He knew all of that, but not why he was naked.
A gentle breeze tickled the orange-gold hair on his arms and chest. The grass was slick beneath his bare feet. He wriggled his toes and stared down at them as he tried to determine what he was feeling. Was he feeling something? There should be some emotion there, right?
He held out his arms, fingers splayed, and noted the scattered cinnamon freckles on his pale skin. His arms were toned, not flabby. Same with his chest, though there were a pair of marks on his left pectoral, over his heart—two crescent scars. He ran his fingers over them, but they didn’t hurt. He traced the line of muscle down his ribs and across to a trail of hair in a slightly darker shade of copper that led down to a flaccid penis.
He let out a sigh of relief at seeing that particular part of himself. Then he wondered why.
He looked back up, beyond the picnic table, to the large low building in front of him that stretched to the right and left. It was constructed of plain brown brick and had black cladding along the roof’s edge. There was a cargo door for truck deliveries and a smaller one for people by the end of the building farthest from him. A large garbage container hunkered near the delivery bay, and the faint smell of rotting food wafted by on the air. This was probably the back of the building, he realized, because there was no sign to indicate what the structure contained. There was nothing to give him a clue why he was standing in front of it, naked.
Why was he here?
He… he should know this.
Another On switch triggered, and emotions came rushing back. He should know where he was and why he was there and why he was naked and….
What was his name?
Oh God, what was his name?
His knees gave out. The chill of the wet grass was even more evident against his bare buttocks, but the shiver that rolled through his body had little to do with the damp ground or the rain or the breeze. A sound wisped by—a tiny moan—and it took a moment for him to connect the reverberation in his throat with the utterance.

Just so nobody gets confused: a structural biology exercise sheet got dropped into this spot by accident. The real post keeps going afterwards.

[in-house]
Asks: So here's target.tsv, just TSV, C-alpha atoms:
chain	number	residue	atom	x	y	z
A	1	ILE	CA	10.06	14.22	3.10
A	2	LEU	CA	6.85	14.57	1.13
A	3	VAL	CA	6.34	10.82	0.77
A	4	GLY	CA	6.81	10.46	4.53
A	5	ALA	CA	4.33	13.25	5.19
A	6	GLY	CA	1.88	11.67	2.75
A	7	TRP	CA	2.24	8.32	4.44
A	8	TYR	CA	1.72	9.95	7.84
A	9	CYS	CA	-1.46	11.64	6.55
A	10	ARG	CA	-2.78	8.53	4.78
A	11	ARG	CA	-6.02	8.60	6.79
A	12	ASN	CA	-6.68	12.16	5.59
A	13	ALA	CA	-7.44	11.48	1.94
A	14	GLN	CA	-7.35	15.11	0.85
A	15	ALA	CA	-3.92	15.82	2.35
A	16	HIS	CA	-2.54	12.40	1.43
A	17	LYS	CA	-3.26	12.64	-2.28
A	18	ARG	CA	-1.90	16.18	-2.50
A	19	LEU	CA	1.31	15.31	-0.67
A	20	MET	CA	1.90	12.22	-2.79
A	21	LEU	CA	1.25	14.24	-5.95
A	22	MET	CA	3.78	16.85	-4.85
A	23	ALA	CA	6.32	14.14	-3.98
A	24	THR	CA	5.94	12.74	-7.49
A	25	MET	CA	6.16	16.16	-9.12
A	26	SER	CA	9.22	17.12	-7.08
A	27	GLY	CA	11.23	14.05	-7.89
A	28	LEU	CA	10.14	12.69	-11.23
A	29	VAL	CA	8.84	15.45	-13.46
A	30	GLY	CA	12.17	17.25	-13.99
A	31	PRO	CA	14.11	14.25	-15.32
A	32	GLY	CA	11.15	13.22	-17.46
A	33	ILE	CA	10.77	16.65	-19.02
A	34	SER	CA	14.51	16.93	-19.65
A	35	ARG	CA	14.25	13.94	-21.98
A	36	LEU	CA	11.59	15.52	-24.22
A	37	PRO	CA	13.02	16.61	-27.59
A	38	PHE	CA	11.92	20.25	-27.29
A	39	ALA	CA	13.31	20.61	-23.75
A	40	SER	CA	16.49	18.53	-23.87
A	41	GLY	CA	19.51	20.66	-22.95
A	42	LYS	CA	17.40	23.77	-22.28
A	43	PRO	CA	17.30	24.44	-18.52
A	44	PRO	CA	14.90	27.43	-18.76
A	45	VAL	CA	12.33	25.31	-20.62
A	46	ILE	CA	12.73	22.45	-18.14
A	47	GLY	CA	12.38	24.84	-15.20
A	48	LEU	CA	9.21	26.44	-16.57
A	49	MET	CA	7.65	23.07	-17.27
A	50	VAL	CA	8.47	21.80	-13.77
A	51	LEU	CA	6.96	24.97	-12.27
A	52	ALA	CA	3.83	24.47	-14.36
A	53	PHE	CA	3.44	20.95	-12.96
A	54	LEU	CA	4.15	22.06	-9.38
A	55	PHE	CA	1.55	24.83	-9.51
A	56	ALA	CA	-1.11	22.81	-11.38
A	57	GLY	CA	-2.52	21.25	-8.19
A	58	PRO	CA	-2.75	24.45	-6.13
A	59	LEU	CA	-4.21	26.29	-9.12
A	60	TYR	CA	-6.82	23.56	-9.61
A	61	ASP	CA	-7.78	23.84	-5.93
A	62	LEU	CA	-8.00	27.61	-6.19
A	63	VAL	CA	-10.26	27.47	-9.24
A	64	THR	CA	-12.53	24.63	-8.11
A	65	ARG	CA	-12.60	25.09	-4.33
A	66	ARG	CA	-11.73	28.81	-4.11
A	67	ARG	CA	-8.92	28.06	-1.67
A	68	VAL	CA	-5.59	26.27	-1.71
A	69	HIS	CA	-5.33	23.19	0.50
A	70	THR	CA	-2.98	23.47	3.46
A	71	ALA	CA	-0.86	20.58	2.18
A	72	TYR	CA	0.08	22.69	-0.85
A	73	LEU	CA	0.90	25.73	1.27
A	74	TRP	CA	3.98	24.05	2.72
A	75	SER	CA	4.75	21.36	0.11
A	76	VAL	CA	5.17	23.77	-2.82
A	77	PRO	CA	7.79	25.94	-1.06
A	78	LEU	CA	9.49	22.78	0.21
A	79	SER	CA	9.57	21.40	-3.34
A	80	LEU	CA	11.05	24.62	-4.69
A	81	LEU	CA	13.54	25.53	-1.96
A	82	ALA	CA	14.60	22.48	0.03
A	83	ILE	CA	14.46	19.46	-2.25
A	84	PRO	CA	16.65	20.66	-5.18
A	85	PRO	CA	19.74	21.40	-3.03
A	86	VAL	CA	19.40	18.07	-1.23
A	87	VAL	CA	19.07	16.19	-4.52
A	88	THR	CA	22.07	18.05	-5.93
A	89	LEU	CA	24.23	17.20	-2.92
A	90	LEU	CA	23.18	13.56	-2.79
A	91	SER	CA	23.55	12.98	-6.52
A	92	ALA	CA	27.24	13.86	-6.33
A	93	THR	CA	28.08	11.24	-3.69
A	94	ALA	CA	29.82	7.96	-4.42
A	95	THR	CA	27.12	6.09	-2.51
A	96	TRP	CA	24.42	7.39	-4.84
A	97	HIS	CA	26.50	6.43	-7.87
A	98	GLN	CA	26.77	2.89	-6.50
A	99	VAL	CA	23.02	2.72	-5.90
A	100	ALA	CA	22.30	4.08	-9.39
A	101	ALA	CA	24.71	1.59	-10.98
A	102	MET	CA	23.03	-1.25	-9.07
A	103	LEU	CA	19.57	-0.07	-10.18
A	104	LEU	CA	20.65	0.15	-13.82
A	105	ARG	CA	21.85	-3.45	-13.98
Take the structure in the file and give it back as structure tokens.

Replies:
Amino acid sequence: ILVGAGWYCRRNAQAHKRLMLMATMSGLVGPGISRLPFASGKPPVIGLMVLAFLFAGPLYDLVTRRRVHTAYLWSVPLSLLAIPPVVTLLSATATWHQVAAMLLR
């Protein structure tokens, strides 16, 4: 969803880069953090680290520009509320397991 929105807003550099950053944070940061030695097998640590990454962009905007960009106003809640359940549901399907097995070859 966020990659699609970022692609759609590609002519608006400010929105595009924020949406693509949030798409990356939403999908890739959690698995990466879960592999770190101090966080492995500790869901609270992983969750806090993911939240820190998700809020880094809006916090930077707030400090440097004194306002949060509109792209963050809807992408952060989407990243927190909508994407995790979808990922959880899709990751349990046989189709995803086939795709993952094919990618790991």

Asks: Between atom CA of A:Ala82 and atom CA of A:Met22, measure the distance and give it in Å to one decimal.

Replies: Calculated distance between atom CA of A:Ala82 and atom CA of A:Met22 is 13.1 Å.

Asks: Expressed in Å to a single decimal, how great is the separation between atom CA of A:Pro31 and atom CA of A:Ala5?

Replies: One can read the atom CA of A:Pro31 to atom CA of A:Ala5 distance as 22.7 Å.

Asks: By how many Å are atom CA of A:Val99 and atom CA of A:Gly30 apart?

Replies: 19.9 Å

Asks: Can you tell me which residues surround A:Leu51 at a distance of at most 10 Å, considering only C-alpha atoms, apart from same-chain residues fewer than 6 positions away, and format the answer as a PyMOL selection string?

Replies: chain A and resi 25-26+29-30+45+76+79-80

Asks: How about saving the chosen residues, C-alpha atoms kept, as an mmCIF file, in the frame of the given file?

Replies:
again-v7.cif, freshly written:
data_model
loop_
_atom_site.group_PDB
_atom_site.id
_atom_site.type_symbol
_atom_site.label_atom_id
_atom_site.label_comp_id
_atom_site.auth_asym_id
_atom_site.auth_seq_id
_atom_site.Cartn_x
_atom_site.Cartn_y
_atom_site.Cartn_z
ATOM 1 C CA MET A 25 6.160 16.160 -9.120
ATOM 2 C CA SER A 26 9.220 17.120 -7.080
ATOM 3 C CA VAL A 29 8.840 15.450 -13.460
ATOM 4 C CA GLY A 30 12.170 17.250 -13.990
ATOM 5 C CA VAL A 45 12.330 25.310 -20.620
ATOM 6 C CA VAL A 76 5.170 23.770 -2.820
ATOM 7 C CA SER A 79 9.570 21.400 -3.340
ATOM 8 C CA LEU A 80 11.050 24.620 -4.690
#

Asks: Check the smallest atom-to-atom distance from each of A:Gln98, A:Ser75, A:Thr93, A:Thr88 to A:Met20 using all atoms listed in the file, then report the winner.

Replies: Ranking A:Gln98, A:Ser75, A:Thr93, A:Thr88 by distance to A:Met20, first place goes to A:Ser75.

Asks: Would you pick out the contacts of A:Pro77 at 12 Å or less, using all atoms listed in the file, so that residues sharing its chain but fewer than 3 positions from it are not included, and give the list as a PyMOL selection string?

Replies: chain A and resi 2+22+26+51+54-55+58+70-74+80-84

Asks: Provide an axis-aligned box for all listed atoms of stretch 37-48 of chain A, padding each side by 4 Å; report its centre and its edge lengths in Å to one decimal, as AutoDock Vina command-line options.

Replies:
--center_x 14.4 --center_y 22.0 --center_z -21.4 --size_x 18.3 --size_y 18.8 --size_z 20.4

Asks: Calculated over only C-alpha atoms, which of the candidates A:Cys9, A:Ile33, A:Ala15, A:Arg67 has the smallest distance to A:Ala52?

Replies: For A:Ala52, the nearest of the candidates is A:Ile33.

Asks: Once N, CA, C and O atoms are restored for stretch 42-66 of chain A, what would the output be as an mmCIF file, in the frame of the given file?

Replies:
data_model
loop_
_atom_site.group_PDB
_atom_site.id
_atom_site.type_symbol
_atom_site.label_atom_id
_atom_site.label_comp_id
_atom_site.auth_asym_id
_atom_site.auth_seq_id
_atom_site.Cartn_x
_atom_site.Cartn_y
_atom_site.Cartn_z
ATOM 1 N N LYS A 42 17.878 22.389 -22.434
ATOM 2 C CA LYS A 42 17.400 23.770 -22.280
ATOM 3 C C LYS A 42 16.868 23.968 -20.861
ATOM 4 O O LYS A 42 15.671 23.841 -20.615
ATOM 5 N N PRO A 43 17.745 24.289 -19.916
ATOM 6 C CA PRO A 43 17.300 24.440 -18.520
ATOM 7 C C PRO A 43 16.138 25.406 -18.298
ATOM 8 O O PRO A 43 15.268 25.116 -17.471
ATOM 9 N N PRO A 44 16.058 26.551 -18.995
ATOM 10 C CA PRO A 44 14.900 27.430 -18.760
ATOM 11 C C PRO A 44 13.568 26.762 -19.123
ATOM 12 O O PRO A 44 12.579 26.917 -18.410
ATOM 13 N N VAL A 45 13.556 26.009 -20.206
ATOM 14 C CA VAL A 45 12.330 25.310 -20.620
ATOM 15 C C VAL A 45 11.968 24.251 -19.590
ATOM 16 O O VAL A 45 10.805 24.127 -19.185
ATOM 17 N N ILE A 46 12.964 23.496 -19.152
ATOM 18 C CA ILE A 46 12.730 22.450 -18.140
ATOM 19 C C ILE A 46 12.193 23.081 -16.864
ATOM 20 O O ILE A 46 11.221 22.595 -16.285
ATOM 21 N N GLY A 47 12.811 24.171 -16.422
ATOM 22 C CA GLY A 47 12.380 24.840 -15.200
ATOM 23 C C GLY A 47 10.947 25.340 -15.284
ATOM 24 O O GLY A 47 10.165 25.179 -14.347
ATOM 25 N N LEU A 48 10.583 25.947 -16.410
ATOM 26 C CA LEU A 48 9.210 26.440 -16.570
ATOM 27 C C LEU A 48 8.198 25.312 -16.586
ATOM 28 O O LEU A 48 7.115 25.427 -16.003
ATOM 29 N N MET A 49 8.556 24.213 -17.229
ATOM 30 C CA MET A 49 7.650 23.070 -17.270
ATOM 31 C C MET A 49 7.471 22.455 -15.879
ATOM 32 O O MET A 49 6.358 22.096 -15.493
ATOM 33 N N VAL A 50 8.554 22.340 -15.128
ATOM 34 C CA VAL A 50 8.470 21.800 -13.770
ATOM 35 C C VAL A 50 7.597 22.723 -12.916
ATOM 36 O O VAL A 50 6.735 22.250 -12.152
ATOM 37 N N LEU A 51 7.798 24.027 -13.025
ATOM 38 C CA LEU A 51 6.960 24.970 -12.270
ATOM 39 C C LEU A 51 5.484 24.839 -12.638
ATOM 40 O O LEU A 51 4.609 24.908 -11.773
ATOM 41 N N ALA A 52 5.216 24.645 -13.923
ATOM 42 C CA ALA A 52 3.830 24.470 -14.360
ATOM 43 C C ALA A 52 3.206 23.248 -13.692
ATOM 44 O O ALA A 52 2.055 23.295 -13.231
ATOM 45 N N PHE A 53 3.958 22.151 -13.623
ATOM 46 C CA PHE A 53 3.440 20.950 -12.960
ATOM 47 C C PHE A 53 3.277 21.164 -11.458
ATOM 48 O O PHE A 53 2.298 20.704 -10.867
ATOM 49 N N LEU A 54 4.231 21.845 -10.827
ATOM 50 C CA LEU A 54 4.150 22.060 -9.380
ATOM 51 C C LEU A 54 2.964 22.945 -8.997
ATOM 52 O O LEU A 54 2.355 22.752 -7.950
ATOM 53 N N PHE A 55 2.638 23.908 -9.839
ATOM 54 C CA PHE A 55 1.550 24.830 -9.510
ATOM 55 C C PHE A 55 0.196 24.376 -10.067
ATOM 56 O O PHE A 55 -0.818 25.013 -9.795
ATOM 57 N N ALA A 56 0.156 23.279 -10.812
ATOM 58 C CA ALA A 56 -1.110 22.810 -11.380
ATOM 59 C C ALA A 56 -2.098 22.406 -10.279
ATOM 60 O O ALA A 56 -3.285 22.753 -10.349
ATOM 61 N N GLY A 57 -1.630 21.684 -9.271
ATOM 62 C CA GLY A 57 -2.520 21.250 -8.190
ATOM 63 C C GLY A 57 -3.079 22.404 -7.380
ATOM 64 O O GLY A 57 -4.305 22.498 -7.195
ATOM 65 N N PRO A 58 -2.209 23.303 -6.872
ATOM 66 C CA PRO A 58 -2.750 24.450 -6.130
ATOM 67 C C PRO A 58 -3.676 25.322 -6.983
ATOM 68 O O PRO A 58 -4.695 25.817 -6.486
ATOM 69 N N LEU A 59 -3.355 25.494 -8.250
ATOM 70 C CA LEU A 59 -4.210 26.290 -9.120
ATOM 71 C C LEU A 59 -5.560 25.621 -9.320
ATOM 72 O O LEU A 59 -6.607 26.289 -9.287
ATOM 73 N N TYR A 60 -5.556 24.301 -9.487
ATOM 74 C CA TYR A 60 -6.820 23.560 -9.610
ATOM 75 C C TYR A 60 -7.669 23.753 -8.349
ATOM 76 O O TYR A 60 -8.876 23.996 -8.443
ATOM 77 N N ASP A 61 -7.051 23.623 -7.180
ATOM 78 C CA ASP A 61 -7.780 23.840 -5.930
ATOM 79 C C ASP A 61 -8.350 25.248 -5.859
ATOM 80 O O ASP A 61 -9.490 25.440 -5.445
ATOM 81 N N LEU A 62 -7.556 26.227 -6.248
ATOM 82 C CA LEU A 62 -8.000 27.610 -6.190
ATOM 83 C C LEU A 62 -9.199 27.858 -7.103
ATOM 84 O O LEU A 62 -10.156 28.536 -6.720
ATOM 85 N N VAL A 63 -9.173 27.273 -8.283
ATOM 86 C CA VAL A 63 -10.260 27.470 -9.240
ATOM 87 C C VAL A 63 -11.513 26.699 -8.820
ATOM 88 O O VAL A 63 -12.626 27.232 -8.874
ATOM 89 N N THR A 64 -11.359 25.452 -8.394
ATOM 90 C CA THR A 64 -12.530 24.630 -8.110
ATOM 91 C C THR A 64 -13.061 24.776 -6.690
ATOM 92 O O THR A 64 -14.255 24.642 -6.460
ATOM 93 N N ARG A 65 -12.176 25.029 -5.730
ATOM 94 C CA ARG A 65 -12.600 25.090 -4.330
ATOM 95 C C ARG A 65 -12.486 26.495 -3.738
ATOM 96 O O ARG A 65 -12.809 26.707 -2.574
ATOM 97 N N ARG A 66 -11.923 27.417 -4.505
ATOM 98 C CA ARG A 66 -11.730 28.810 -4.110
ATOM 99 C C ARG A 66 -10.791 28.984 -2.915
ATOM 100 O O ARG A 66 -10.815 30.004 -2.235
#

“I,” he said, and choked. “Oh my God.”
He didn’t recognize his own voice.
He didn’t recognize his voice or his body, and he didn’t have a name, and he didn’t know where he was, and—
He rocked forward and whimpered.
“Hey. Hey, this is private property. You can’t—”
The voice jolted him, and he looked up. A figure stood a few steps from the people-sized door, frozen. He had a split second to note that the figure was male and dark-skinned before the man darted across the grass toward him. He scrambled backward, his heart thudding against his breastbone as he tried to get back to his feet and run, dammit, he had to run.
“No—Aidan, wait. Stop.” The man followed his own instructions, his dress shoes slipping on the wet grass. “Oh my God. I can’t—you’re here. Holy shit, you’re here. And you’re naked. Why the hell—” He shook his head. “Never mind. It doesn’t matter.”
He—was his name Aidan?—stopped his backward movement and watched the man warily. “Who’re you?”
“Who—” The man’s brows dropped low over his light brown eyes, and he took a breath. “Okay. Okay. Gonna assume you’re not playing me, buddy, because this is way too far for a practical joke.”
“I—” He looked down at his naked legs. “No. No joke.”
“Right. I’m, uh….” The man lifted a hand and slowly moved it to the pocket of his gray dress slacks. He wore a matching vest over a light pink shirt that was rolled up to the elbows. “Just getting my phone, okay?”
He—Aidan—watched, still wary.
The man pulled out the phone and dialed someone. “Boss? You need to come out back. It’s Aidan. Aidan. Yes, I’m—” He clicked off the phone. “He’s on his way.”
“The boss. Our boss. This is an office. You work here.”
“I don’t—” Aidan’s breath caught as the people-sized door slammed open and another figure marched toward them—all but ran, actually. Dark, glowering, dressed in a three-piece suit, looking like he was eight feet tall, and… pissed off beyond words.
Panic clawed at Aidan’s throat, and he pushed himself back again, digging at the slick grass and damp dirt.
“No, stop. Nassim! Christ.” The first man rushed forward to intercept his boss—their boss. “He’s confused, he—”